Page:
Free trade agreements have proven to be one of the best ways to open up foreign markets to U.S. exporters. The United States has agreements in force with 19 countries: Australia, Bahrain, Canada, Chile, Colombia, Costa Rica, Dominican Republic, El Salvador, Guatemala, Honduras, Israel, Jordan, Mexico, Morocco, Nicaragua, Oman, Peru, Singapore, and South Korea. President Obama signed a free trade agreement with Panama on October 21, 2011, but the agreement has not been implemented. In 2011, trade with countries that the United States has free trade agreements was significantly greater than their relative share of the global economy: although comprising 7.26% of global GDP[1] (not including the United States, South Korea, Panama, or Colombia), those countries accounted for over 41% of U.S. exports[2].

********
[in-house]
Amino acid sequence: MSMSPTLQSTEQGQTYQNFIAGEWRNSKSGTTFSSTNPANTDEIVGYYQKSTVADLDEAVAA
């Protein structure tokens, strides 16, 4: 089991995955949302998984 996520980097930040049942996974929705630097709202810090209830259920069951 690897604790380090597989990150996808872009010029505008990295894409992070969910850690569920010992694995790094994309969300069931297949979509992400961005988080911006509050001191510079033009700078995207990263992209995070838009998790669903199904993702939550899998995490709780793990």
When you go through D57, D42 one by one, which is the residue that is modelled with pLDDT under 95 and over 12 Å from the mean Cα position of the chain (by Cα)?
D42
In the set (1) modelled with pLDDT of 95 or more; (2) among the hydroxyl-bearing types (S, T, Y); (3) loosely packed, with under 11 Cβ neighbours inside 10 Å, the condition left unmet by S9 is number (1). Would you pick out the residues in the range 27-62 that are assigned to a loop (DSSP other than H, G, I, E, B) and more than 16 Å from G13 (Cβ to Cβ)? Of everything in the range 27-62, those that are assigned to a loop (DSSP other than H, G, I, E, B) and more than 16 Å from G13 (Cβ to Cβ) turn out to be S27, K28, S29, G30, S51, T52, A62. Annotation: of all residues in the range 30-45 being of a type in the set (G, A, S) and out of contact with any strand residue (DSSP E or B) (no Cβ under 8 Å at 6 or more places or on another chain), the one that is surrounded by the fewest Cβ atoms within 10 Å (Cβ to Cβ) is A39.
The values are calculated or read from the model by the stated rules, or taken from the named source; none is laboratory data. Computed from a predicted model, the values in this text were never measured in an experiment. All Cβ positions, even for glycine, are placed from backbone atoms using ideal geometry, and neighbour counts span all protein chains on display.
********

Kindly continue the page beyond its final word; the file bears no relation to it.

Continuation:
[1] CIA World Factbook

[2] TradeStats Express – U.S. Department of Commerce



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